Royal Agro Award— Ayiesheitu Mahamadu Asaki, from Upper East Region. Through this award, we identify a traditional leader (Queen mother), who is into agriculture herself and her personal commitment to see women in agriculture in her community develop and thrive, is helping them in all ways possible through access to land, training, social impact programs and advocacy.
Diamond in the Rough Award— Saantuma Sala, from Upper West Region. This award goes to a generational role model, making waves at the background within her community, an unsung heroine, who has indeed mentored and made great strides for her family, her people and the community as a whole.
Feed to Foods Award— Genevive Akugu, from Upper East Region. This is to a woman with great determination and integrity who has continuously demonstrated a positive role in poultry and livestock and has an unwavering commitment to succeed in this sector. This person should have made a series of significant selfless contributions with a long-lasting benefit to the Livestock, Poultry or Fisheries sector.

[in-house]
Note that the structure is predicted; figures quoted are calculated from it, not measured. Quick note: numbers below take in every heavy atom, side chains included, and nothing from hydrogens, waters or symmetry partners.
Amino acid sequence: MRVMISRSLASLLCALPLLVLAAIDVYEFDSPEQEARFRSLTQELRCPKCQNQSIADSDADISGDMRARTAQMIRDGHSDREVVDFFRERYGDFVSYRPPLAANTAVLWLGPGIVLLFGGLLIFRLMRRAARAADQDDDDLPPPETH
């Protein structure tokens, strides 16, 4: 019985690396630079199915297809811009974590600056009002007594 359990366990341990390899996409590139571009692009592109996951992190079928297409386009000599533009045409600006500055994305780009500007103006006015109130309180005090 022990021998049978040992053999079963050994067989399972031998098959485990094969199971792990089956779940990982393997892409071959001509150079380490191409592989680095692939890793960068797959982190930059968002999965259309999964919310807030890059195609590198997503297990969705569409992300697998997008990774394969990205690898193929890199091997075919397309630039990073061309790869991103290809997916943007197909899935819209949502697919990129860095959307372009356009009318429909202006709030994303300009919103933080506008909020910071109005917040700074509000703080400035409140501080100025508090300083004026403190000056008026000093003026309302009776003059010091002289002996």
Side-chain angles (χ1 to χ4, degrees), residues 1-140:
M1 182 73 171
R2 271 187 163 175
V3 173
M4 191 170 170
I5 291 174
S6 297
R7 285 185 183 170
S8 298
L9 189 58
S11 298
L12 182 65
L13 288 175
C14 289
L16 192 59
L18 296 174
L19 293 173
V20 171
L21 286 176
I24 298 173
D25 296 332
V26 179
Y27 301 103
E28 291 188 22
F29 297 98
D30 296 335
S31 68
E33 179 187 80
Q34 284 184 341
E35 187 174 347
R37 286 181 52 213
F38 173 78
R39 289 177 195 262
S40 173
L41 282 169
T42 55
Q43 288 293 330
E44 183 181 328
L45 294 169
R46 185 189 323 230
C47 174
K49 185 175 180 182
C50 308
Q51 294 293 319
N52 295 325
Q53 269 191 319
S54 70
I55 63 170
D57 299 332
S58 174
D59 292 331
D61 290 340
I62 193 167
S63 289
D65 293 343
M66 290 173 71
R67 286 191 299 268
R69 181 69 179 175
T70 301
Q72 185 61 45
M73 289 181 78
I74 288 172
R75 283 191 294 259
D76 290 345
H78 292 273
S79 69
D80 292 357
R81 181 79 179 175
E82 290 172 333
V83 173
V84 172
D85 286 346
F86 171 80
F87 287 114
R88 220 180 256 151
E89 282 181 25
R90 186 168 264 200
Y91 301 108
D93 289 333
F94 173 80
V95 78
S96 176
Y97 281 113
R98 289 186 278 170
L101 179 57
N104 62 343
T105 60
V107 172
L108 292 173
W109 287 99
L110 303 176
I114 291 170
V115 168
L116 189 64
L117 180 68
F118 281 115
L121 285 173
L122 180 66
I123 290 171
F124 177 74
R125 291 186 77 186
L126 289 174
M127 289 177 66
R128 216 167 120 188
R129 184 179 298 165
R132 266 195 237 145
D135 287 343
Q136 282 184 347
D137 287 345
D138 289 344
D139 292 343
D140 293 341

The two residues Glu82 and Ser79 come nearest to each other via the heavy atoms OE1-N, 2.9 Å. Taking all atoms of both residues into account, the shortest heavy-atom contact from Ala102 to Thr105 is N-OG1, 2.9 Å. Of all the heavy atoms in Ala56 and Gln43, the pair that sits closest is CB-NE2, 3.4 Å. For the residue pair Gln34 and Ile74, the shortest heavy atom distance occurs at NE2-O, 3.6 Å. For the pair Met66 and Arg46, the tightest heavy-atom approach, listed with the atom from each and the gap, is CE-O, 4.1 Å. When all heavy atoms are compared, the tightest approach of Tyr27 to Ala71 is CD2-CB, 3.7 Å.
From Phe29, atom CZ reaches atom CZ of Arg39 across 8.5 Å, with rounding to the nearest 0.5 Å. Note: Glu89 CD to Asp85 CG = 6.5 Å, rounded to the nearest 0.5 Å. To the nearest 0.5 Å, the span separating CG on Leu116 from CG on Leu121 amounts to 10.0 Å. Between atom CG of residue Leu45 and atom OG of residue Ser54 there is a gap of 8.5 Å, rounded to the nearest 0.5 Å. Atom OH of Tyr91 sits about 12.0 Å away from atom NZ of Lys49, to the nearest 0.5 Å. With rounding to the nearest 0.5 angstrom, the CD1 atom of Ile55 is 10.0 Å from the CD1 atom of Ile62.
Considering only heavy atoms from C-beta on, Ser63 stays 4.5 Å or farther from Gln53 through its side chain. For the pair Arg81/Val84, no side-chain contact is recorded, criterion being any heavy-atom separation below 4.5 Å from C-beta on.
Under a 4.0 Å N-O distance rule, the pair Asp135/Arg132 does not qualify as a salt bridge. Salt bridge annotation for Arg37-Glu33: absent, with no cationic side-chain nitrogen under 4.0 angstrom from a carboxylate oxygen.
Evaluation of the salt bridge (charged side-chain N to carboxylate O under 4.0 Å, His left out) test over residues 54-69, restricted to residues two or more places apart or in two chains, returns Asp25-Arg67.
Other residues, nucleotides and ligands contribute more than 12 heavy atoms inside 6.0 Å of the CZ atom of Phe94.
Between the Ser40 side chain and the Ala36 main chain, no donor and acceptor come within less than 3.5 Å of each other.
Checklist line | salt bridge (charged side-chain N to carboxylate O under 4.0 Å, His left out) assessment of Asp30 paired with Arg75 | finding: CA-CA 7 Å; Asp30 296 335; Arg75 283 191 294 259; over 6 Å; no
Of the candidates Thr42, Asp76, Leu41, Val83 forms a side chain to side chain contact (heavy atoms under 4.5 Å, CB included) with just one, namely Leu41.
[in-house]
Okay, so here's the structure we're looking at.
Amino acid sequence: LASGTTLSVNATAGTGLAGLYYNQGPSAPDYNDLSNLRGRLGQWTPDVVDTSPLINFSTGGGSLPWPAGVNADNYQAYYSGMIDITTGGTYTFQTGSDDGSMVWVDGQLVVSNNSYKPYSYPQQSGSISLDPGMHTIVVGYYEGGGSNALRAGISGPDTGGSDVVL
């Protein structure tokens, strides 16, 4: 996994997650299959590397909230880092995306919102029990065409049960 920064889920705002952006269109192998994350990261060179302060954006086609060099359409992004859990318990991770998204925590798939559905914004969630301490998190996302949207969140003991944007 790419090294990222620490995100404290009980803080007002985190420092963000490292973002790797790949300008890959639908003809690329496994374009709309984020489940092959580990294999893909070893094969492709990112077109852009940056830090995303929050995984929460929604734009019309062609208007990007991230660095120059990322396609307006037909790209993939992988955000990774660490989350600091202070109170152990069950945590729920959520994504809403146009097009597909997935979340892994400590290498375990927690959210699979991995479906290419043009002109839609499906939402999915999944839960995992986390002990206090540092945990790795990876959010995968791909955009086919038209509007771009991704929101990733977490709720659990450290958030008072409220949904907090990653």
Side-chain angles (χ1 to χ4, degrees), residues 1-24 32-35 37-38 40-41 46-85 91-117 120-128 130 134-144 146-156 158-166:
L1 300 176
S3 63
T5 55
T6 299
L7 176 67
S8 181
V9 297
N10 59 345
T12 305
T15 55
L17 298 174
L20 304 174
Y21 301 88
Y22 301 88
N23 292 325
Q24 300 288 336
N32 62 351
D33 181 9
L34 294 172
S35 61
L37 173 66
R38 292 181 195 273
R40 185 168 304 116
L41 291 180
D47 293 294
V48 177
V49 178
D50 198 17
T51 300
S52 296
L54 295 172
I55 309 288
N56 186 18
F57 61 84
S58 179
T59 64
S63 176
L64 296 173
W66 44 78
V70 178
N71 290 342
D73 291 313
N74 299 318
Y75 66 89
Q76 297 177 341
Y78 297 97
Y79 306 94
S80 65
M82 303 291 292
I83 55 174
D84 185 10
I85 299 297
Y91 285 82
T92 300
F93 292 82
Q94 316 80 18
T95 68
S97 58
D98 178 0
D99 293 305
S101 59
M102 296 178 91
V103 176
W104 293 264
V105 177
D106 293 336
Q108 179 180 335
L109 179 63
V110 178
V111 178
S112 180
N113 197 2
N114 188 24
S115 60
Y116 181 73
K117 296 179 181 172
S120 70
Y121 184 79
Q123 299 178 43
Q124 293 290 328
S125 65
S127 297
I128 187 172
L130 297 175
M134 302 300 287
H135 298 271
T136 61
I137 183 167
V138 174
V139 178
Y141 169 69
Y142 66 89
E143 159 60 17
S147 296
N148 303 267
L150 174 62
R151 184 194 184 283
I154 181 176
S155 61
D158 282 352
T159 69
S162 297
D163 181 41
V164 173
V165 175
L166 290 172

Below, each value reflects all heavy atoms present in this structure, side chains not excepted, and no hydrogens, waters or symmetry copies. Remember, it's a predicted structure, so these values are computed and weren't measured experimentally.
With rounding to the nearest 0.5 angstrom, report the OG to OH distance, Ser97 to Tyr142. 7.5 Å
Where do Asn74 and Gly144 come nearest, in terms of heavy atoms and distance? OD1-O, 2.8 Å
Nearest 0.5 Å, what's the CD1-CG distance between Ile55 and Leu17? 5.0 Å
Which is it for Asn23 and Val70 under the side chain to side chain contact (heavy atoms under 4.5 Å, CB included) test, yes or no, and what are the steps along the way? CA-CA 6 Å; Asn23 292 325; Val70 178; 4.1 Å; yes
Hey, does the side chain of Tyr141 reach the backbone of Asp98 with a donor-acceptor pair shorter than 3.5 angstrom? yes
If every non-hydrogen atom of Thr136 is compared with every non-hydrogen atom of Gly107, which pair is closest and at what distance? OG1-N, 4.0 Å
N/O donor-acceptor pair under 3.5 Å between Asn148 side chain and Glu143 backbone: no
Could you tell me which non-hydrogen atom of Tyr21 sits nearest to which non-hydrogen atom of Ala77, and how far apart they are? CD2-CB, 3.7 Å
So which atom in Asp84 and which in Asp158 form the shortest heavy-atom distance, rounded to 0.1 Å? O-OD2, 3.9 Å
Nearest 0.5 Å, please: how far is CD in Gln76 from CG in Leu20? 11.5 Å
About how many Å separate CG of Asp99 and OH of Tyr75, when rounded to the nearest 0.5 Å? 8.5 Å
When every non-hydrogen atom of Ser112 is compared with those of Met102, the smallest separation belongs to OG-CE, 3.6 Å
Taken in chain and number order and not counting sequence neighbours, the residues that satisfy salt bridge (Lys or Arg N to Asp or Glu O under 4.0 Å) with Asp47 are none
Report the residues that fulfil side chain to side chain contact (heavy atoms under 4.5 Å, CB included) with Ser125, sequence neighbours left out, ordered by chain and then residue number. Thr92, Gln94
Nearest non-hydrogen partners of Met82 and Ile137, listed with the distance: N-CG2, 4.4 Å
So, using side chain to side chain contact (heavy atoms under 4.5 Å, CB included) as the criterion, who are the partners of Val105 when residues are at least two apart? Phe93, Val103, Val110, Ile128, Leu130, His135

Change Champion Award— Asieme Elsie Azelikumah, from Upper East Region. This category goes to the professional corporate woman, whose ongoing effort, passion for her job, contribution and dedication to her work in the agro space, is contributing significantly to corporate internal change, whiles making a national impact.
Development Partner Award—Canadian High Commission. This award recognizes the efforts of an International organization, whose works centres on agriculture and in particular, towards the development of women in the community, encouraging to adopt best practices, whiles adding value.
Lady of the Export Region Award— Anita Sutha, from Upper West Region. This category recognizes and rewards the region’s most successful and innovative woman exporter, with regards to the size of the business and the export sales.